Elevated Prothrombin Promotes Venous, but Not Arterial, Thrombosis in Mice

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Abstract

Objective—

Individuals with elevated prothrombin, including those with the prothrombin G20210A mutation, have increased risk of venous thrombosis. Although these individuals do not have increased circulating prothrombotic biomarkers, their plasma demonstrates increased tissue factor–dependent thrombin generation in vitro. The objectives of this study were to determine the pathological role of elevated prothrombin in venous and arterial thrombosis in vivo, and distinguish thrombogenic mechanisms in these vessels.

Approach and Results—

Prothrombin was infused into mice to raise circulating levels. Venous thrombosis was induced by electrolytic stimulus to the femoral vein or inferior vena cava ligation. Arterial thrombosis was induced by electrolytic stimulus or ferric chloride application to the carotid artery. Mice infused with prothrombin demonstrated increased tissue factor–triggered thrombin generation measured ex vivo, but did not have increased circulating prothrombotic biomarkers in the absence of vessel injury. After venous injury, elevated prothrombin increased thrombin generation and the fibrin accumulation rate and total amount of fibrin ≈3-fold, producing extended thrombi with increased mass. However, elevated prothrombin did not accelerate platelet accumulation, increase the fibrin accumulation rate, or shorten the vessel occlusion time after arterial injury.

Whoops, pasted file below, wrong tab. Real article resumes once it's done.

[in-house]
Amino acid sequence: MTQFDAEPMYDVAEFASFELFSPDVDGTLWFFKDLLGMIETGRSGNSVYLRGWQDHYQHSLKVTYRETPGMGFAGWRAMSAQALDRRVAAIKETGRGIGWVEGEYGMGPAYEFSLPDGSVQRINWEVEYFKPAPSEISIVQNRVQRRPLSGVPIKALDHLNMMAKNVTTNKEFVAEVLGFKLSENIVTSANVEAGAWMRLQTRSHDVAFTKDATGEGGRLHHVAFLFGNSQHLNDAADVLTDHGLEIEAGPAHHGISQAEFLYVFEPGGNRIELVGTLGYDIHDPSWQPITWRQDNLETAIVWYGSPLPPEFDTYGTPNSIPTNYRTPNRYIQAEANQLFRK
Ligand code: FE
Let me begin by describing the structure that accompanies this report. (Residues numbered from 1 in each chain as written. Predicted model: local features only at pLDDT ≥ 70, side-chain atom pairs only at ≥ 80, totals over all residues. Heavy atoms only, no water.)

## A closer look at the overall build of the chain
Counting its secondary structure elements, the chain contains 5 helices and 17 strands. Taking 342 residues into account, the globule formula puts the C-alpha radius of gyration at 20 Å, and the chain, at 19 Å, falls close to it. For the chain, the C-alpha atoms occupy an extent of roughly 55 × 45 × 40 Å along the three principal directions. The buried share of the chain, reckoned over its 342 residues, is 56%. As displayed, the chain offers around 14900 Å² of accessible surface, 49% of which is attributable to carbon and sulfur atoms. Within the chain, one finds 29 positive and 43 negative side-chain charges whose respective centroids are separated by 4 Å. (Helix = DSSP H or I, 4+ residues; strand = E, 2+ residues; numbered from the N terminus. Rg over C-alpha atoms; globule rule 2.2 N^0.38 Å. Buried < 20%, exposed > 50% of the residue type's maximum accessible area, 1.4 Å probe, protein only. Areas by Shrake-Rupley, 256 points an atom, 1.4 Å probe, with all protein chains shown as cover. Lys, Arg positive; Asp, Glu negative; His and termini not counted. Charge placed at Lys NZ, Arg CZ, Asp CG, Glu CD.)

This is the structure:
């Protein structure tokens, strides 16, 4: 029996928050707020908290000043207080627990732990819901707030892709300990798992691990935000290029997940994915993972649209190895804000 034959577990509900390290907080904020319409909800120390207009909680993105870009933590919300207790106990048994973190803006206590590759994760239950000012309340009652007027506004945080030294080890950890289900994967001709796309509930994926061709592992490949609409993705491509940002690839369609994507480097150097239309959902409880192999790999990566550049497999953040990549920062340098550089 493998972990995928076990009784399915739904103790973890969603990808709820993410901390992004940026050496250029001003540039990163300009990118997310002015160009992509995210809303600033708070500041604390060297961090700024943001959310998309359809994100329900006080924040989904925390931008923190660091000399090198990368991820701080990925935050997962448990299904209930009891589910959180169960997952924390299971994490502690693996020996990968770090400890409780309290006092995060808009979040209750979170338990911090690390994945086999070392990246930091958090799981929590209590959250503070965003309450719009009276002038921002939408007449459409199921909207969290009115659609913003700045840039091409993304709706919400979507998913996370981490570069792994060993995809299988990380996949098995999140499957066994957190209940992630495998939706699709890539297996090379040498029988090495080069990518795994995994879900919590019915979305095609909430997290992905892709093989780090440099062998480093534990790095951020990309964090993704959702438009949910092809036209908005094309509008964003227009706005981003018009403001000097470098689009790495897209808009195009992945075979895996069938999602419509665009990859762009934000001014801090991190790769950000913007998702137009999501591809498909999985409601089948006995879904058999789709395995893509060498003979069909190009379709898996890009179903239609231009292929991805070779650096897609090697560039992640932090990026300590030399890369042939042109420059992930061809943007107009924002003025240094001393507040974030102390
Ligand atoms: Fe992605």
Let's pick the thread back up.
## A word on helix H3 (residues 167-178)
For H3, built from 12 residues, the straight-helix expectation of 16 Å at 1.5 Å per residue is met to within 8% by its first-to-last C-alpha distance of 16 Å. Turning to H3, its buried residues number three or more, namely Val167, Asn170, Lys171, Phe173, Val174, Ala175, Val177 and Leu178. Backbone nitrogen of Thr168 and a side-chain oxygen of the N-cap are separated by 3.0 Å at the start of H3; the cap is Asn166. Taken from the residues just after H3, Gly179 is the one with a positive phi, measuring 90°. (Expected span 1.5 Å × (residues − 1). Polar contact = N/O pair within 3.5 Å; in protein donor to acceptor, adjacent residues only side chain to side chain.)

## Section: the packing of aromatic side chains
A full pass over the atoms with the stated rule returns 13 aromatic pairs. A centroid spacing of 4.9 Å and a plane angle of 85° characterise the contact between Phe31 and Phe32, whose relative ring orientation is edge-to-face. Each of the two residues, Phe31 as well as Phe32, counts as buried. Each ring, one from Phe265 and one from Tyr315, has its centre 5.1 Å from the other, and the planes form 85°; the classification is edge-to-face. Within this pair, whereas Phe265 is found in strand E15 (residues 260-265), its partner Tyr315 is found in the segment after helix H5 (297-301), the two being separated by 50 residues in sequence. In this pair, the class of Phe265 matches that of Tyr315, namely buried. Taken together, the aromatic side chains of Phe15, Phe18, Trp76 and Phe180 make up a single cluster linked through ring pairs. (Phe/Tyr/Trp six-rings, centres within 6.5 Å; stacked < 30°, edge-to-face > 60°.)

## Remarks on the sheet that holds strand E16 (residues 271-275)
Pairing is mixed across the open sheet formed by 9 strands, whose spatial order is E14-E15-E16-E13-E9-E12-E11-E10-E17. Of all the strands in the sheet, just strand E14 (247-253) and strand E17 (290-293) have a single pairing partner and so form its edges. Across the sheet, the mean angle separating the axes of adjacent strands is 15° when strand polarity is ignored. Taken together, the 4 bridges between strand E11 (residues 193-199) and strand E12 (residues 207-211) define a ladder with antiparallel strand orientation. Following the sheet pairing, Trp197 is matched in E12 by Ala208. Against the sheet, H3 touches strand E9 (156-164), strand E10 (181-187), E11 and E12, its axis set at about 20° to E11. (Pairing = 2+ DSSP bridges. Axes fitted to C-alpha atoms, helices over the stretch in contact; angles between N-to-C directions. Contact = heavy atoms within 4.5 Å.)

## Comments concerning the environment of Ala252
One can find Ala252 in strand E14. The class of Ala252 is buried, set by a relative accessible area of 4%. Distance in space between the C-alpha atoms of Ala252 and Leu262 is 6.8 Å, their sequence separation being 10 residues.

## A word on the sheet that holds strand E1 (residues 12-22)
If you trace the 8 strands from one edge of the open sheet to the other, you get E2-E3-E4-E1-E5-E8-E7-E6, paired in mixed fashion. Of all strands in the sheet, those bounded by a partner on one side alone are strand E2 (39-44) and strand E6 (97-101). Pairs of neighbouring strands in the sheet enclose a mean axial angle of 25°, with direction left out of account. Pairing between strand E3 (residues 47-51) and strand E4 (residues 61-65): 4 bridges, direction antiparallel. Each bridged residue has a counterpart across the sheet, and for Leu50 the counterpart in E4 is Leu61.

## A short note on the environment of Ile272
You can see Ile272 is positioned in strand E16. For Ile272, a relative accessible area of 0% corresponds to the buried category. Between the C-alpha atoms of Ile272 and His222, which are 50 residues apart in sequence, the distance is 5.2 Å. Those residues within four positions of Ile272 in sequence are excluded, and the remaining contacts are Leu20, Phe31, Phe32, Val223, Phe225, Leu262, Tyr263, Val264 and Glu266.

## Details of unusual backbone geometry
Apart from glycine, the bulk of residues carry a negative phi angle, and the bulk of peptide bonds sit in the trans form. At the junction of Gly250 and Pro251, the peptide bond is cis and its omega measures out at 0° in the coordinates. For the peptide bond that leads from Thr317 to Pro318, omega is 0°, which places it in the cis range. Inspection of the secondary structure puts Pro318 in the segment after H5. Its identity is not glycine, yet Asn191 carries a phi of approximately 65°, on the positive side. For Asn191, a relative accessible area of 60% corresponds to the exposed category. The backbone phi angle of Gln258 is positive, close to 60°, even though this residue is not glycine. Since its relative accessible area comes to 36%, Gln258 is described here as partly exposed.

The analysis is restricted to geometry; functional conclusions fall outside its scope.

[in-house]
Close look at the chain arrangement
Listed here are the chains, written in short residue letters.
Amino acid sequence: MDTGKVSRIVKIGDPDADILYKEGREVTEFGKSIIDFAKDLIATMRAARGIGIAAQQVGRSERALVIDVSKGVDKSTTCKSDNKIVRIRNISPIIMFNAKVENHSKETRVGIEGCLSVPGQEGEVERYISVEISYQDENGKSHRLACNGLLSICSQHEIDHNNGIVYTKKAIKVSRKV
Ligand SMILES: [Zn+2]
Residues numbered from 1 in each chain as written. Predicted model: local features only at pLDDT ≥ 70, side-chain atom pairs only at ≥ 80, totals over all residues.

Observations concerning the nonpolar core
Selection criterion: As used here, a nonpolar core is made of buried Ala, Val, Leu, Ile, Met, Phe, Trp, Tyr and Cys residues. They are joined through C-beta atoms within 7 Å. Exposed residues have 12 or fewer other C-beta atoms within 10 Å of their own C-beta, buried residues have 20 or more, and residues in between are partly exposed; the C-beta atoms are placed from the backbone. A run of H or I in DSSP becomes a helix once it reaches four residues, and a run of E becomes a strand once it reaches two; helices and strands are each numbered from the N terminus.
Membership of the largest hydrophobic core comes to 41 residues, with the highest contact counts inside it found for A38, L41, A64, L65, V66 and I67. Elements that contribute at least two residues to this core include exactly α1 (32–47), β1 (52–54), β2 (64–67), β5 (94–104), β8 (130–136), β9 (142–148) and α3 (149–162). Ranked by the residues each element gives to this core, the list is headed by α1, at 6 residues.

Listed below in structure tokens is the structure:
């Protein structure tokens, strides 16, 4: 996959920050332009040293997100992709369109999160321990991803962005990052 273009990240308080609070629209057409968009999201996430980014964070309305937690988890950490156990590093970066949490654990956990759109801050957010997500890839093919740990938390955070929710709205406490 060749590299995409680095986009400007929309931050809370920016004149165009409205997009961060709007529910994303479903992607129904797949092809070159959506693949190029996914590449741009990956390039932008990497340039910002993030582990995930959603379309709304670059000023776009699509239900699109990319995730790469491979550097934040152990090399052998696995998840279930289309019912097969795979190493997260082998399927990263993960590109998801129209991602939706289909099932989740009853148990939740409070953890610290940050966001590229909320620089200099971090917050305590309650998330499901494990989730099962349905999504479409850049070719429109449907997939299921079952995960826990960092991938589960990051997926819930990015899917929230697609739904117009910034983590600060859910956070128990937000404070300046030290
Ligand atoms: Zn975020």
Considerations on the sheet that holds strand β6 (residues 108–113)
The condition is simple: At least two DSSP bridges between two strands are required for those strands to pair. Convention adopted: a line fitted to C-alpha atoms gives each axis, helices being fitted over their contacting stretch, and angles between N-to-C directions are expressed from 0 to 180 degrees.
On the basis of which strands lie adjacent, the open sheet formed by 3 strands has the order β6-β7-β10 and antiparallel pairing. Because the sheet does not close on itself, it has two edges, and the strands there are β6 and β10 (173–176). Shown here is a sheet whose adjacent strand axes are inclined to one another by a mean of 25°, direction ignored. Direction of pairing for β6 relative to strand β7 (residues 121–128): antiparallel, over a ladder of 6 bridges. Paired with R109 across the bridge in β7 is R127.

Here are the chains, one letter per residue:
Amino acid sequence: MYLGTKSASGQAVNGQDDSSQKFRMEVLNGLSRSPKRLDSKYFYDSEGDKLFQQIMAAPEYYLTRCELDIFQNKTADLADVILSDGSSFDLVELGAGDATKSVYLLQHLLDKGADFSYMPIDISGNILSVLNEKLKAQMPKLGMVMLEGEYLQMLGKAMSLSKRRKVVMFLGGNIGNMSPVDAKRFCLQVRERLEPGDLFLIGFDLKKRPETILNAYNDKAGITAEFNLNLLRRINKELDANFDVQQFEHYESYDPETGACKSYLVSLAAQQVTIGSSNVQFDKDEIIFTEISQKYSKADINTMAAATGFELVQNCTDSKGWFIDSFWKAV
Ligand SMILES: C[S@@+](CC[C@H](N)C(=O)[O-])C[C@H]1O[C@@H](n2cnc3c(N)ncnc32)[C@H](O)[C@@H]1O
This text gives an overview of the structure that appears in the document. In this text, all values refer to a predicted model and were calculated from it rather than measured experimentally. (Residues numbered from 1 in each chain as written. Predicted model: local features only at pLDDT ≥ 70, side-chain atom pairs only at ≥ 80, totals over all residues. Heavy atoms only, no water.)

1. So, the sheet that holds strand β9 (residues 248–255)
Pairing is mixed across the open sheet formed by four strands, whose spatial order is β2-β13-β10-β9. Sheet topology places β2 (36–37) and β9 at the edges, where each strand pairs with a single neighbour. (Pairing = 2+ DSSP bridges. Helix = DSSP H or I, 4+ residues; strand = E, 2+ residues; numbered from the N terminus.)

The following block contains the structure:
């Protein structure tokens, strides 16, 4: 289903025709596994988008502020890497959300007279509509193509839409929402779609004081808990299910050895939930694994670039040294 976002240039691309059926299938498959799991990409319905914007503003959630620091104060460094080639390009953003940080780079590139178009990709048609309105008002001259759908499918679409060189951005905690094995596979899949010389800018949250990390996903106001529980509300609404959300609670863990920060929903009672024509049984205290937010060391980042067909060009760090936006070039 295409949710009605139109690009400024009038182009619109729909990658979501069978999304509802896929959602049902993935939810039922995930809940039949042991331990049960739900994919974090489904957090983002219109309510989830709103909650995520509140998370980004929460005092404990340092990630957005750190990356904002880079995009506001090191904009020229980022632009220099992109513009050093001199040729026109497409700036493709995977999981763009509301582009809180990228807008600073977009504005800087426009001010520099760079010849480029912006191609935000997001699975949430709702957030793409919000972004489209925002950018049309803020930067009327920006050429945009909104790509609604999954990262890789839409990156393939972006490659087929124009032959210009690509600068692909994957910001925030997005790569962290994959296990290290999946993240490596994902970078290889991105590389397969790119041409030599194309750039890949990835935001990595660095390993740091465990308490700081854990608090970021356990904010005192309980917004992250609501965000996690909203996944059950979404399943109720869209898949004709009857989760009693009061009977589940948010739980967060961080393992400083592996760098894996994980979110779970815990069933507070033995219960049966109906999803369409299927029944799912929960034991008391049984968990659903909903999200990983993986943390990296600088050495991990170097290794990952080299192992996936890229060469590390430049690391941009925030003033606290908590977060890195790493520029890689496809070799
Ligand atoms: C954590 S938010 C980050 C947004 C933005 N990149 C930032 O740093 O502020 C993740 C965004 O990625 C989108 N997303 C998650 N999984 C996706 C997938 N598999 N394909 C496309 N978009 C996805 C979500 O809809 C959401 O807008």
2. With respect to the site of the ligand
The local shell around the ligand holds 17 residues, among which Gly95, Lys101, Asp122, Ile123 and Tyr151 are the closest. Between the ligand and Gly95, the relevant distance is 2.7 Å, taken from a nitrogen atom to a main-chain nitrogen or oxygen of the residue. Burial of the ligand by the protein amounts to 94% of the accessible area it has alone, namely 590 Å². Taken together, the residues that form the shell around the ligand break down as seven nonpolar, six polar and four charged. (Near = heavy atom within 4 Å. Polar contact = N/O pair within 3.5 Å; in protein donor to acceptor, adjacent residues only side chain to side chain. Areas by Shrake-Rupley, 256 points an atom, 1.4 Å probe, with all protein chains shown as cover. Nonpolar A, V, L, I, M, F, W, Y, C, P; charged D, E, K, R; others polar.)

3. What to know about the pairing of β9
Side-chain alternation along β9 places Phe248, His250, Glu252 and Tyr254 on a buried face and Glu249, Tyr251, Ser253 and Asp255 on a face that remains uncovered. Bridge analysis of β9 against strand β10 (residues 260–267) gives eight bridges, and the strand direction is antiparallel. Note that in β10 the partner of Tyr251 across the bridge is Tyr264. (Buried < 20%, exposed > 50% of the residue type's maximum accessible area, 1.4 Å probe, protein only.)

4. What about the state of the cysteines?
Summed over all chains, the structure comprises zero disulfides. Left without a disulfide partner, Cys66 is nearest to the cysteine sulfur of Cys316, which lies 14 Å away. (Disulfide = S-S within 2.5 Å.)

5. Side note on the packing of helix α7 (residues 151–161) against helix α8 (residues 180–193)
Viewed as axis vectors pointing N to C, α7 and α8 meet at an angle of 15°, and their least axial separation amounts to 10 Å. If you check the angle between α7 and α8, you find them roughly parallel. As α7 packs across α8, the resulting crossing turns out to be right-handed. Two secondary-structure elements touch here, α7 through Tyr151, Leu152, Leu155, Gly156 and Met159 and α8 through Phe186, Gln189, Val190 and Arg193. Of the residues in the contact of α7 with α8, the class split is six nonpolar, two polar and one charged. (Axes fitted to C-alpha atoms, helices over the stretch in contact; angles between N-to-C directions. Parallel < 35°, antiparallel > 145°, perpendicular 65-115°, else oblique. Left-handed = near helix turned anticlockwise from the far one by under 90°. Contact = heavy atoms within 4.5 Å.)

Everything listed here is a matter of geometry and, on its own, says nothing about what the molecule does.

Conclusions—

These findings reconcile previously discordant findings on thrombin generation in hyperprothrombinemic individuals measured ex vivo and in vitro, and show elevated prothrombin promotes venous, but not arterial, thrombosis in vivo.

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